CASE REPORT

A 52 year-old-male presented to our hospital with complaints of recurrent episodes of right flank pain and urinary tract infection. Patient had undergone right pyelolithotomy 8 years back.

Detailed investigations included urinalysis, urine culture, coagulation profile, abdominal ultrasound, and intravenous urography (IVU). An abdominal ultrasound revealed right nephrolithiasis measuring 25 mm with grade II hydronephrosis. IVU revealed a right renal pelvic calculus with grade II hydronephrosis and normal excreation, as shown in Figure 1 and Figure 2.

The nature of the disease and the possible therapeutic options were discussed with the patient. Right PCNL was planned. General anesthesia was administered and the patient was placed in the lithotomy position. A 6 Fr ureteric catheter was placed in the right ureter under cystoscopic guidance.

The patient was turned into the prone position, and an air pyelogram was obtained by injecting about 20 mL of air into the right pelvicalyceal system. An inferior calyceal puncture was done, and the tract was secured with a 0.035” floppy tip, hydrophilic guide wire. The tract was dilated to 26 Fr and an Amplatz sheath was placed. The stone was visualized and fragmented with a pneumatic lithotripter into multiple small fragments. The fragments were retrieved, and complete clearance was ensured upon fluoroscopy followed by the placement of a 6 Fr double-J stent. A nephrostomy tube drain was kept in the pelvicalyceal system, which was clamped and secured in place. The patient was turned back into the supine position and extubated. The recovery was uneventful.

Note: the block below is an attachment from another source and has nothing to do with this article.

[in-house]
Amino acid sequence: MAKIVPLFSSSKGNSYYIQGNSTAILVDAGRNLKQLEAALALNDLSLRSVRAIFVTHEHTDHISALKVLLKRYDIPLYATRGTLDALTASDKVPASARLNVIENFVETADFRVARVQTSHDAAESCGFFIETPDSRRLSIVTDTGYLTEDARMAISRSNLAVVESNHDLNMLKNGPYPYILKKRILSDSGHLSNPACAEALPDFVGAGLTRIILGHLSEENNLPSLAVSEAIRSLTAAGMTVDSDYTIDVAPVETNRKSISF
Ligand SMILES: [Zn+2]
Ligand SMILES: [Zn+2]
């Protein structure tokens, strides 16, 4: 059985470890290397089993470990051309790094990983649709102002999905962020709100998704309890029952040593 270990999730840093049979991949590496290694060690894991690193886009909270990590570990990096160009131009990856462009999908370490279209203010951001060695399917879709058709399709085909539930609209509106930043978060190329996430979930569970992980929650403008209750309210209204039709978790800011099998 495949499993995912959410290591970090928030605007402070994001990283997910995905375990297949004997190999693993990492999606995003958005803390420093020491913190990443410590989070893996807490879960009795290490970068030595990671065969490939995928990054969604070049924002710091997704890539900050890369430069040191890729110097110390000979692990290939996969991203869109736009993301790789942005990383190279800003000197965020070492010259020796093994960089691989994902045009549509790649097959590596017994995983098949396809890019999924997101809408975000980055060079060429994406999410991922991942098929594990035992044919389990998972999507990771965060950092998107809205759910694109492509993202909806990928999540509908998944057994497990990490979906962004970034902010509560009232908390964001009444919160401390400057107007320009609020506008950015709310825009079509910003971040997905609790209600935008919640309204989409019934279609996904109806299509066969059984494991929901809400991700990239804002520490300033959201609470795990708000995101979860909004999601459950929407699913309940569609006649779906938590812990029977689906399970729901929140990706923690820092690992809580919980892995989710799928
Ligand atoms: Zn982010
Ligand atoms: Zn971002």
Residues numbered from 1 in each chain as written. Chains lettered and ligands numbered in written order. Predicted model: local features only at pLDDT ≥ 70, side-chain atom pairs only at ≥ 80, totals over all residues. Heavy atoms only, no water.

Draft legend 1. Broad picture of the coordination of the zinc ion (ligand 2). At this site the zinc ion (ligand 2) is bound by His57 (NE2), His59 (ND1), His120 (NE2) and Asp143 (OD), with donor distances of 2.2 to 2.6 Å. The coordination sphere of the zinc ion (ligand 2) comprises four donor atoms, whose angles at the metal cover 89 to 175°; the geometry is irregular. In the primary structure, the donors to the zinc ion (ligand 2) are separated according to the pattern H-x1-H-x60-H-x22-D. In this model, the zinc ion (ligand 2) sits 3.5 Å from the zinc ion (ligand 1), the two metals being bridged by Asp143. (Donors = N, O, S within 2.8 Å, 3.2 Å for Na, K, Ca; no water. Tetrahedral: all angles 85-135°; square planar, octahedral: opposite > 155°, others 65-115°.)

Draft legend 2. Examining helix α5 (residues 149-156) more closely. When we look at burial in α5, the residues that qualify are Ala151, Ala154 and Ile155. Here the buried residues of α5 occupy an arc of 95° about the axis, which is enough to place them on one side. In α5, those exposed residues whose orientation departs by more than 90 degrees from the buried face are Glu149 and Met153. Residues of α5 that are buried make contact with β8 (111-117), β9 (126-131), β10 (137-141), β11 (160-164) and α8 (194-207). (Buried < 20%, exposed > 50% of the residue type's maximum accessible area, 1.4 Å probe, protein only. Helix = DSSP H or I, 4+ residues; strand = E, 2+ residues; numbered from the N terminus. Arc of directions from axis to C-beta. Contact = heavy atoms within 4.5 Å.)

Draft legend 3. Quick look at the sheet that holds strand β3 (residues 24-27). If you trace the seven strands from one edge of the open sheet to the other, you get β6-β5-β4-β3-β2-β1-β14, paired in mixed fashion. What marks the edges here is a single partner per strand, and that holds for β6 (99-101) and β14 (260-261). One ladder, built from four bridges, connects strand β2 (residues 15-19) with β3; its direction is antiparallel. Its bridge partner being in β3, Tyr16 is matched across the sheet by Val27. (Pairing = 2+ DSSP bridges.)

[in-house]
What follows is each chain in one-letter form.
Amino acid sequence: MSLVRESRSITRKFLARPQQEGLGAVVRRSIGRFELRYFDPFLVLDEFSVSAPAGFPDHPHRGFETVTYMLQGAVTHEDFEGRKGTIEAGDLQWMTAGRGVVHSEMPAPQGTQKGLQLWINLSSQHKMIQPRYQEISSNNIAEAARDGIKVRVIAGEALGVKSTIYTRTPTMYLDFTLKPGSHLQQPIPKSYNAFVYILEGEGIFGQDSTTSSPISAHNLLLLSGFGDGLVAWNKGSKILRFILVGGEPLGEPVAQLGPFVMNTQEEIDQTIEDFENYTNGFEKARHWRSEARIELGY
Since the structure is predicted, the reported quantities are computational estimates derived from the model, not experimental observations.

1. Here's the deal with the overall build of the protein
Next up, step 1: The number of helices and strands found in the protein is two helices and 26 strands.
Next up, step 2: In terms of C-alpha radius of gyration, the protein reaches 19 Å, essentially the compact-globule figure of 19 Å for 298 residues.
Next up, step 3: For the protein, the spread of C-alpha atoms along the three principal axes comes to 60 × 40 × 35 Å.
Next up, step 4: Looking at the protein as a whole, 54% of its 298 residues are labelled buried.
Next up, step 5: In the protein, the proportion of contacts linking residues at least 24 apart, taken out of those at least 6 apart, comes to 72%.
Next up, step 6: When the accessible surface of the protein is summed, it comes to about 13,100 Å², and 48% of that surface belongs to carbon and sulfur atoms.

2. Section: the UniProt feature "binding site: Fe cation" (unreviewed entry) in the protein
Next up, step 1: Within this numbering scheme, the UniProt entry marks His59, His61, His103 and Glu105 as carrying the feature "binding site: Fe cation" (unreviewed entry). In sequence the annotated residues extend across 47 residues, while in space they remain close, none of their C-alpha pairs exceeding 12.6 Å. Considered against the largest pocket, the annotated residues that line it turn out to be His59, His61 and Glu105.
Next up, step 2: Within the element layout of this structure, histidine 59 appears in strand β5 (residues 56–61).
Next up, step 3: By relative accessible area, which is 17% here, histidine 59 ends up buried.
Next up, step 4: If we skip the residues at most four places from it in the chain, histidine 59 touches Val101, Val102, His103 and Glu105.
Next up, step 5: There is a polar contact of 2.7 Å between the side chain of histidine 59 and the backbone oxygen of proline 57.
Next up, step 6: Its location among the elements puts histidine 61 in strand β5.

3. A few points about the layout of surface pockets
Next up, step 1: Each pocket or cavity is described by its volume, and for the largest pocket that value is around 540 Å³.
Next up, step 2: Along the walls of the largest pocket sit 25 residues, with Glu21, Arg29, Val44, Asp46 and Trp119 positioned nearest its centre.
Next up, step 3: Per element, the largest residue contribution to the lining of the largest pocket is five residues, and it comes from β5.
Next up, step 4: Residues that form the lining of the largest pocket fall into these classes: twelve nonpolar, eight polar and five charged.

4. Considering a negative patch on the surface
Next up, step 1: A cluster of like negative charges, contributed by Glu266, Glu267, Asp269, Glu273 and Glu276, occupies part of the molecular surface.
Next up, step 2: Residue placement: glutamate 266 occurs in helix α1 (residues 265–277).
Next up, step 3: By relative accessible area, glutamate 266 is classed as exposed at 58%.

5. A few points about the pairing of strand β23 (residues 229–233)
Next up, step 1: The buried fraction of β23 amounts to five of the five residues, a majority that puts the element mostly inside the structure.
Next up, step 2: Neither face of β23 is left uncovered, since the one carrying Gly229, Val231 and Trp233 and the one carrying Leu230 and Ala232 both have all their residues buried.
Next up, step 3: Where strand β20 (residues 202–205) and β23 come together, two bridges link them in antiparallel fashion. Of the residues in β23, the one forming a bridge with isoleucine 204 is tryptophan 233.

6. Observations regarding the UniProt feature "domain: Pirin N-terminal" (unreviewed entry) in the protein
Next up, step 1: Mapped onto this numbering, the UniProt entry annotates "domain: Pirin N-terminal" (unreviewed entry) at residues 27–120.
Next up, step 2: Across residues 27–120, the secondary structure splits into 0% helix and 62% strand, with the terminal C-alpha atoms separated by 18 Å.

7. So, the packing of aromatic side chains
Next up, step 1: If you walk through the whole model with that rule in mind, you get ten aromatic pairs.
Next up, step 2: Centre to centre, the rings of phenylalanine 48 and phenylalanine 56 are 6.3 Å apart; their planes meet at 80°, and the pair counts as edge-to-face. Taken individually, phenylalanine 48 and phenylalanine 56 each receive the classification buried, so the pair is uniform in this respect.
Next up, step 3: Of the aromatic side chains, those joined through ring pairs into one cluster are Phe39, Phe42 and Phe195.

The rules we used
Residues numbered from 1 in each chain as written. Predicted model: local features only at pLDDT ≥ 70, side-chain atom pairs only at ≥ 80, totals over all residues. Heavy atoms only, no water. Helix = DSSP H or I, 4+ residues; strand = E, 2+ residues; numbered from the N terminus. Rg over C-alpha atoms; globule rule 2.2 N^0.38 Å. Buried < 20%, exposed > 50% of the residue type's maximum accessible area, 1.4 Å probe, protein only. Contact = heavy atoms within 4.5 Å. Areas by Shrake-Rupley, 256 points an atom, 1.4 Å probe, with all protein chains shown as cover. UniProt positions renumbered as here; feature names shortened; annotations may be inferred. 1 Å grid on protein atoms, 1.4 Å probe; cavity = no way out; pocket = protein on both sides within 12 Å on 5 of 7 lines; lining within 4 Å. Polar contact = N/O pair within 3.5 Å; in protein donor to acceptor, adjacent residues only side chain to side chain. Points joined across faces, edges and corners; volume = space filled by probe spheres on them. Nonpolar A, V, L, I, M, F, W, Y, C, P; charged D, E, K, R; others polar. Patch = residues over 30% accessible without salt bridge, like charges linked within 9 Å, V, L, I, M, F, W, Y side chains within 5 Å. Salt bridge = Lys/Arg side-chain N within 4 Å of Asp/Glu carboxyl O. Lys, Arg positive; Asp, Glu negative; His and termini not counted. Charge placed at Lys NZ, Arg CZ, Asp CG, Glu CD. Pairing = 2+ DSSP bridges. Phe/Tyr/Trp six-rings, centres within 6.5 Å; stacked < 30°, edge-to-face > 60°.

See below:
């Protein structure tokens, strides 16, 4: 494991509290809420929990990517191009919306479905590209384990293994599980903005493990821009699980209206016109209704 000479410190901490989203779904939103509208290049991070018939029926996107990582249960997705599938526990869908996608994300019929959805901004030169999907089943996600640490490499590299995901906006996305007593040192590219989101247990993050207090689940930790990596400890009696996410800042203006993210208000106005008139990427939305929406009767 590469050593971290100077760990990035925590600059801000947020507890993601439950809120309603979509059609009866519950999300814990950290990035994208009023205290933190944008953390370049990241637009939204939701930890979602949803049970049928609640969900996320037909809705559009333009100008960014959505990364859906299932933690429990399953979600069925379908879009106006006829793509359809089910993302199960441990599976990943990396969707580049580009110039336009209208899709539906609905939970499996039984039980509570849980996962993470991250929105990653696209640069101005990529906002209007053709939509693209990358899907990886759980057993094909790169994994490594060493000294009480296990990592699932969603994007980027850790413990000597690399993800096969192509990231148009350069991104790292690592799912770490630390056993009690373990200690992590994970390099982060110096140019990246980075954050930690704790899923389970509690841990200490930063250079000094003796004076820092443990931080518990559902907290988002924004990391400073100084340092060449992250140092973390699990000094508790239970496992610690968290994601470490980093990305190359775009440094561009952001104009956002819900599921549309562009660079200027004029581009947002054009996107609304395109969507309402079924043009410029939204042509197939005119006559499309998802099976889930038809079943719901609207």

In the immediate postoperative period, the patient was conscious and well oriented in time, place, and person. The general condition was fair; his pulse was 90 beats/min; his blood pressure was 130/88 mmHg; his urine output was 100 mL, which was high-colored; and his postoperative hemoglobin was 12.5 gm%. Ten hours following the procedure, the patient developed generalized tonic-clonic seizures and a change in sensorium, followed by weakness on the left side of his body and slurred speech. An injection of diazepam was administered to the patient (10 mg) intravenously followed by an injection of phenytoin (100 mg) intravenously. He was shifted to the surgical intensive care unit (SICU) where he was actively convulsing with unremarkable vital parameters, such as a pulse of 120 beats/min and blood pressure of 130/92 mmHg. The patient was tachypneic, with shallow breathing, and a respiratory rate of 28/min. His oxygen saturation (SPo2) was 64%. The patient was anaesthetized in the surgical intensive care unit with 5 mg of midazolam and 100 mg of scoline, intubated with 8 mm of cuffed endotracheal tube, and coupled to a ventilator. Neurological examination was not possible, because the patient was paralyzed. An investigation done in SICU was unremarkable. Computed tomography (CT) of the brain revealed subtle hypodensity in the area of the right posterior cerebral artery. Patient was given IV fluids, an injection of meropenem (1gm IV, 8 hourly), an injection of phenytoin (100 mg IV, 8 hourly), an injection of mannitol (100 ml IV, 12 hourly), and an injection of omeprazole (40 mg IV, once a day).